Bhaktivinoda Thakur continues:
To gain factual knowledge and realization of that eternal supreme Person, one should find a qualified guru who is learned in the Vedas, who is firmly established in the service of Bhagavan, and who knows the Absolute Truth. One should then approach that guru and should surrender body, mind, and words to him with faith and humility.
Karma, yoga, and jnana all produce naimittika-sukrti. The association of devotees, and contact with acts of devotion, produces Nitya-sukrti, (eternal pious activities). Only one who has accumulated Nitya-sukrti over many lifetimes will develop sraddha, (faith). Naimittika-sukrti produces many different results, but it will not lead to the development of faith in unalloyed bhakti.
Thus, all types of sukrti that nourish bhakti are Nitya-sukrti. When this sukrti becomes strong, one gradually develops sraddha in unalloyed bhakti, and one attains sadhu-sanga, (association of sadhu’s).”
Regardless of all this, the bottom line is; improper siksha, results in no advancement, or very little advancement at best, and the complete lack of essential instructions, and knowledge, will result in no advancement at all.
I sincerely implore you to stop and contemplate, and scrutinize, why you have these questions in the first place. Only a beginner Kanistha would not know the answers to these questions. Where an intermediate Kanistha would, for sure, know the answers. Therefore, if you do not know the answers to these three questions, you really need to investigate why.
You also have a wrong understanding of what the process of bhakti is, and how it is executed.
You do not have the proper guru & disciple relationship, which is essential and, which is our siddhanta.
The hardest words, I have to say to you, is that you need to evaluate and scrutinize, how and why you selected your guru. You did not follow the instructions given in shastra, on what is a genuine guru, and what a genuine disciple is, and used them to determine two things,
- Is this person I have chosen as my guru, a genuine guru?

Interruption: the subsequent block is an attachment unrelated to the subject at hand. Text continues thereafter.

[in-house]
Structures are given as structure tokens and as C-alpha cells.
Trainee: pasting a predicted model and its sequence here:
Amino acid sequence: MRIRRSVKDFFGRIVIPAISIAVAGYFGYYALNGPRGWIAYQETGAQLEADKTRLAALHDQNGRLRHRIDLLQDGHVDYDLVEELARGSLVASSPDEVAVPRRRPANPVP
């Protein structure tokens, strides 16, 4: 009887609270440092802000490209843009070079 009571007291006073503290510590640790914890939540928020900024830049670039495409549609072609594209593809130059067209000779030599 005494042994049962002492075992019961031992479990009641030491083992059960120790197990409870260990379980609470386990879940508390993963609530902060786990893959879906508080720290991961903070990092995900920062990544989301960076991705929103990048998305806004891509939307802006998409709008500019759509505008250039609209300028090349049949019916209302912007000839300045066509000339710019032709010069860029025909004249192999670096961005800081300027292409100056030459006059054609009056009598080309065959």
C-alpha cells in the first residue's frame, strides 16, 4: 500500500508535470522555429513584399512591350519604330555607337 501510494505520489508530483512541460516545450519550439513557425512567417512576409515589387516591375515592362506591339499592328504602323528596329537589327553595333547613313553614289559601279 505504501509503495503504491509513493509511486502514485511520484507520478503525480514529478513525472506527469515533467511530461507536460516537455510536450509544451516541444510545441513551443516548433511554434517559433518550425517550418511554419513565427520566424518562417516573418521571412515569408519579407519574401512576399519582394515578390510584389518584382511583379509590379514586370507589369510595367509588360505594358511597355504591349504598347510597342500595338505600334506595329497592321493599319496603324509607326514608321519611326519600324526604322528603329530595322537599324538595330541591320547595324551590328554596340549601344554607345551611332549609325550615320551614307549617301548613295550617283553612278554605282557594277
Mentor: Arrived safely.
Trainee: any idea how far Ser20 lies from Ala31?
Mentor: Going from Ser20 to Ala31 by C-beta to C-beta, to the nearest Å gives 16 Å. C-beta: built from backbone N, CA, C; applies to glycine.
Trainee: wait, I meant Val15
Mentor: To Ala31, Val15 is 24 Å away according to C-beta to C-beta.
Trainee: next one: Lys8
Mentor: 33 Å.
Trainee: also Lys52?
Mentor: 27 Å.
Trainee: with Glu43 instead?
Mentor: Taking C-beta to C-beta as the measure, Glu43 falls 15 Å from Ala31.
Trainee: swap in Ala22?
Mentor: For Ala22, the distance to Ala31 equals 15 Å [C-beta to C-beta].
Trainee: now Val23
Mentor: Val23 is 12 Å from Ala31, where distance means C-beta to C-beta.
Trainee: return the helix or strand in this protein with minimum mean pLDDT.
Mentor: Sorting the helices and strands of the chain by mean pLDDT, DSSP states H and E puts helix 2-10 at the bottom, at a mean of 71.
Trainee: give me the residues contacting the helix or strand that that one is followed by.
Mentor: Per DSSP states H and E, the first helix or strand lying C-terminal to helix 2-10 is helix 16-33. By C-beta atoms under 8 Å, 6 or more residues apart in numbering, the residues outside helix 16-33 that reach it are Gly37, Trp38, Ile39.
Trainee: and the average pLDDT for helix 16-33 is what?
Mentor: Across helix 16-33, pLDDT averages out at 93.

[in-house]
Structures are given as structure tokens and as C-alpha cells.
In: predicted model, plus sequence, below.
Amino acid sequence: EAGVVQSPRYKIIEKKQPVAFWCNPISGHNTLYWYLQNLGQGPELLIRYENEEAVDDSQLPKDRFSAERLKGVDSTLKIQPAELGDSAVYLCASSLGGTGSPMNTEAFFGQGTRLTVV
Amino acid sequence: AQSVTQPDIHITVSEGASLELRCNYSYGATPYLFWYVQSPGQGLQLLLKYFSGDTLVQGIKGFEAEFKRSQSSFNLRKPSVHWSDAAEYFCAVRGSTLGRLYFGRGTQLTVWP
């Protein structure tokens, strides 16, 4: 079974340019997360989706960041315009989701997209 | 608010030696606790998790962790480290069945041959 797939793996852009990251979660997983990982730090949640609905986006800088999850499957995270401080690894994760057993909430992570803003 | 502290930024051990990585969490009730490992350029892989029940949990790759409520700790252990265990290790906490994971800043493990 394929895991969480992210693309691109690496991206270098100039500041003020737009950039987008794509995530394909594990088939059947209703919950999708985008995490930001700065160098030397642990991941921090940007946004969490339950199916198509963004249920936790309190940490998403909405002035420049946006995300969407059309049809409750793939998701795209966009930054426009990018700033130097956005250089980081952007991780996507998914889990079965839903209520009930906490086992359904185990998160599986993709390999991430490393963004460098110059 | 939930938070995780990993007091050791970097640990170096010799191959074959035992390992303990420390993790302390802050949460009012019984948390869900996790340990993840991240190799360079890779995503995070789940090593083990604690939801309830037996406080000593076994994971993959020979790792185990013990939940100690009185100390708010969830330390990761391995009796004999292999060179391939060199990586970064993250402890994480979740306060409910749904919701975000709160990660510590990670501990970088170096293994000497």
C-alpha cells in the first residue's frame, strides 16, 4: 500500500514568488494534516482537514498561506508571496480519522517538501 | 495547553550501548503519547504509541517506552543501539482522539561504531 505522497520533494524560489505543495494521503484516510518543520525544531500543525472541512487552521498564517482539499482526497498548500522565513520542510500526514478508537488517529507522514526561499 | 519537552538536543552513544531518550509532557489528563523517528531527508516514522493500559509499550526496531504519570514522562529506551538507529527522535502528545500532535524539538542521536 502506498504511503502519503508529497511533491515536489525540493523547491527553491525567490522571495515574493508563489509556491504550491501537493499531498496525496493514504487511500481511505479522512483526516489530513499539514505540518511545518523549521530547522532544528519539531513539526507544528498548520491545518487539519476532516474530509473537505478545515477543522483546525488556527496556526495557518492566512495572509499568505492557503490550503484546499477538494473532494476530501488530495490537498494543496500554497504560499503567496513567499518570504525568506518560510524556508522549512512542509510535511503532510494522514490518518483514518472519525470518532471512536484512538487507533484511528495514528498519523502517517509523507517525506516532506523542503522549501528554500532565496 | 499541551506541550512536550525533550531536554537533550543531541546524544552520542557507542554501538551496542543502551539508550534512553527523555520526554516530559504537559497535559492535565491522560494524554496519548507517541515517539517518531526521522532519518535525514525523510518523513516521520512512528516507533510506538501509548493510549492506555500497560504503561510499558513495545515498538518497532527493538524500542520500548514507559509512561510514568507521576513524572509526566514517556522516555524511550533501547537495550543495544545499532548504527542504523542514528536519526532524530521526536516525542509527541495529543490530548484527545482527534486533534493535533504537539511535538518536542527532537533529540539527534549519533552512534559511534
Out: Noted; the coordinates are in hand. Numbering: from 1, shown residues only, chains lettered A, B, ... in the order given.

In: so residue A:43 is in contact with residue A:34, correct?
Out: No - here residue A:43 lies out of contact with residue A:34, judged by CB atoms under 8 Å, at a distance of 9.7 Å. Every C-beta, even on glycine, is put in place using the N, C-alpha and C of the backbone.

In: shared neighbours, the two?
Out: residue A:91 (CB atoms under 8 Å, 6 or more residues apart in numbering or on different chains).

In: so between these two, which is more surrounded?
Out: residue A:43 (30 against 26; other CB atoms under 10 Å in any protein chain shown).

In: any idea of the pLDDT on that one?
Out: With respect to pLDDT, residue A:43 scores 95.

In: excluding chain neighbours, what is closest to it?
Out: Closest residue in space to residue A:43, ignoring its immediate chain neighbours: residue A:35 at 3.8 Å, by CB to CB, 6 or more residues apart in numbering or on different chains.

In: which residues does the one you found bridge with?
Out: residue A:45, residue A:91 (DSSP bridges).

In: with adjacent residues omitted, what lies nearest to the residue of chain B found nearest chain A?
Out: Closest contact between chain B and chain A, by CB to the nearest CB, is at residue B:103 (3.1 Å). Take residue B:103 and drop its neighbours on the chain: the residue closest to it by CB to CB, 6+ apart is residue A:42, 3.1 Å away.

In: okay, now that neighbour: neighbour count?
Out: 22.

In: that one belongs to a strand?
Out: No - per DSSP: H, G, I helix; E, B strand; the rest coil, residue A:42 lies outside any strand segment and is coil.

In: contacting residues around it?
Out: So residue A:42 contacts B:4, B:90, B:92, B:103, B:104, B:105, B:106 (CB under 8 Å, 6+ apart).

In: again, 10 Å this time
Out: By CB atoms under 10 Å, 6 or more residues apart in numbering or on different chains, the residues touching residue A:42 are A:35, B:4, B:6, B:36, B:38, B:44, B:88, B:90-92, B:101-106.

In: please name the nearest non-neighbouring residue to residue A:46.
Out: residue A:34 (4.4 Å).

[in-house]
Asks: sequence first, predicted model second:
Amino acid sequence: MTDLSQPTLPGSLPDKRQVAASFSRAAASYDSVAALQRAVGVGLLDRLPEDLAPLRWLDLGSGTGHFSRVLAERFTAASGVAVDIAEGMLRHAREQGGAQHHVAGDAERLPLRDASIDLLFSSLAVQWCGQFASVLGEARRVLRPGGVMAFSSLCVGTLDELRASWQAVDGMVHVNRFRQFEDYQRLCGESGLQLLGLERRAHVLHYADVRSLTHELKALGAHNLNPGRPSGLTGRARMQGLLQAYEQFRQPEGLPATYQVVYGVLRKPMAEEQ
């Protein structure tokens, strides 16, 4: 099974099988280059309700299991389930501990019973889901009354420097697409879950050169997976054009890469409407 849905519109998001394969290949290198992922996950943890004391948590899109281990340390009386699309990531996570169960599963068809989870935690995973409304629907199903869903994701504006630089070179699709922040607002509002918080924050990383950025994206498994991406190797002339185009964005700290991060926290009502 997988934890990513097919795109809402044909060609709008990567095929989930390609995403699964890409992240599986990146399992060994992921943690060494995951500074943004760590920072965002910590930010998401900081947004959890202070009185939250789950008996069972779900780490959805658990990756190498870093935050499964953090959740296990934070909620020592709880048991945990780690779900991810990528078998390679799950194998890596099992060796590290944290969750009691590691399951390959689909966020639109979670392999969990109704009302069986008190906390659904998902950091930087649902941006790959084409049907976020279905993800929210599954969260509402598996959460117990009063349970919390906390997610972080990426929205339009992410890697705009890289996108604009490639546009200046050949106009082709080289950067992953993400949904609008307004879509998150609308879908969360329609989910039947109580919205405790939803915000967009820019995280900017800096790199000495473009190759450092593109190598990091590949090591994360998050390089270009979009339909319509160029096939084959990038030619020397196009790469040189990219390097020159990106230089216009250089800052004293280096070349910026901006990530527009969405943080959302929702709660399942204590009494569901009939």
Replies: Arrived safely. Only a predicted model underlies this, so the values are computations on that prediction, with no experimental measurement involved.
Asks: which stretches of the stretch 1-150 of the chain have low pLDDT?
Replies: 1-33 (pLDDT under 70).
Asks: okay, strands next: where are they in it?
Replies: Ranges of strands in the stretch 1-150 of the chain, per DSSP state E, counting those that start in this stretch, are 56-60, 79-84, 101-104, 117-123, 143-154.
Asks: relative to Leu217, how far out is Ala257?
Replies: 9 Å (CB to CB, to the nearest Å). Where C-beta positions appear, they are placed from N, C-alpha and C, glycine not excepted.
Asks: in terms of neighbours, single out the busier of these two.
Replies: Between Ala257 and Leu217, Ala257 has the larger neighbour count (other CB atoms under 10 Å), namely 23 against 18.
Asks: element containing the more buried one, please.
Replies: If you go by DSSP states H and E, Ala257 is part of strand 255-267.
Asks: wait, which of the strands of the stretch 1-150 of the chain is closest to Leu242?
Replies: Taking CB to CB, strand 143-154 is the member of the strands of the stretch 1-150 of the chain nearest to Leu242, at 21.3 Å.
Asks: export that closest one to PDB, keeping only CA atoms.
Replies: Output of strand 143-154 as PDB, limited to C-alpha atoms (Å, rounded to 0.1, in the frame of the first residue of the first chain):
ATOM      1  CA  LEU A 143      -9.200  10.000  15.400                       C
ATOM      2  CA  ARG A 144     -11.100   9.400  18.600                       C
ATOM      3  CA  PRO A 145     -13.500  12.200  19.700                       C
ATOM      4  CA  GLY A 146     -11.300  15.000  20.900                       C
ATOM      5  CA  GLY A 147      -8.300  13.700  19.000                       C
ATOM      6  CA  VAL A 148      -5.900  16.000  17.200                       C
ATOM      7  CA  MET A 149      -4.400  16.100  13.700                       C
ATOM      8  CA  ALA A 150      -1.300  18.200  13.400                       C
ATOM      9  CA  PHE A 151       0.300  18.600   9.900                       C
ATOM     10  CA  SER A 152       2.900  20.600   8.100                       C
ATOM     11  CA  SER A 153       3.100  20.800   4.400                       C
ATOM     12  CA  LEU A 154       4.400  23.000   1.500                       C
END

- And, am I a genuine disciple?
If you answered these two questions, with some other criteria, other than what is in shastra, and what Srila Prabhupada instructed, then there are these possibilities.
- Your guru is not genuine; therefore, is not qualified to be guru.
- You are not a qualified disciple.
- Your guru is qualified, and you are not.
- You are qualified, and your guru is not.
- Your guru is not what you think he is, and what others say he is.
- Your guru is more than likely, a Kanistha adhikari, and at best, a Madhyama-adhikari. Therefore, you cannot advance beyond those platforms. In Nectar of Instruction, Verse 5, Purport, Srila Prabhupada writes:
“One should not become a spiritual master unless he has attained the platform of uttama-adhikari. A neophyte Vaisnava or a Vaisnava situated on the intermediate platform can also accept disciples, but such disciples must be on the same platform, and it should be understood that they cannot advance very well toward the ultimate goal of life under his insufficient guidance. Therefore, a disciple should be careful to accept an uttama-adhikari as a spiritual master.”
You have quite a predicament to solve. And as Englishmen say, “you are in a spot of bother”, in other words, you have a problem; a predicament.
The only other analogy, I can think of, is that you are rowing a boat to cross the ocean of material existence, but you have not pulled up the anchor, so your rowing is getting you nowhere. The anchor represents the three modes of material nature.
A note about “mercy”: It has been in front of you all the time, however you have had your eyes covered, so that you could not see it. There is more mercy than you can imagine, and in very large quantities. These enormous amounts of “mercy”, is Srila Prabhupada’s books, lectures, conversations, and letters.
If you do not trust my words, then maybe you can trust Srila Prabhupada’s,
Srimad-bhagavatam 3.32.27 purport,
“Devotional service mixed with the modes of material nature is a means for material existence.”
Lecture, Bhagavad-gita.1974, Hawaii
“Unless one is firmly established in the mode of goodness, one spiritual life is simply a bluff”.
“Because without coming to the platform of sativa-guna, (mode of goodness), nobody can advance in spiritual life. That is a fact.”
“Just like nobody is allowed to enter the law college unless he is a graduate. This restriction is there. What he will understand, law? He must be a graduate. So similarly, first of all, one has to come to the platform of sativa-guna. Then spiritual knowledge begins. Because spiritual knowledge is above sativa-guna. Above sativa-guna. Therefore, sativa-guna is the best quality, when one brain is clear and he can see things as they are, no hazy understanding, but clear understanding. Therefore, sativa-guna is the qualification of brahmana.”
 Yoga—a spiritual discipline meant for linking one’s consciousness with the Supreme Lord, Krishna; Literally, connection; the discipline of self-realization. One of the six systems of Vedic philosophy, taught by Patanjali. According to Bhagavad-gita, the most sublime form of yoga is bhakti-yoga (the yoga of pure devotion). Through the process of bhakti-yoga, the consciousness of the individual soul connects with its source, Krishna. This is called Krishna consciousness. By Krishna consciousness, the soul rids itself of the bondage of the three modes of material nature and returns back home, Back to Godhead.
 Jnana —knowledge. Material jnana does not go beyond the material body. Transcendental jnana discriminates between matter and spirit. Perfect jnana is knowledge of the body, the soul and the Supreme Lord.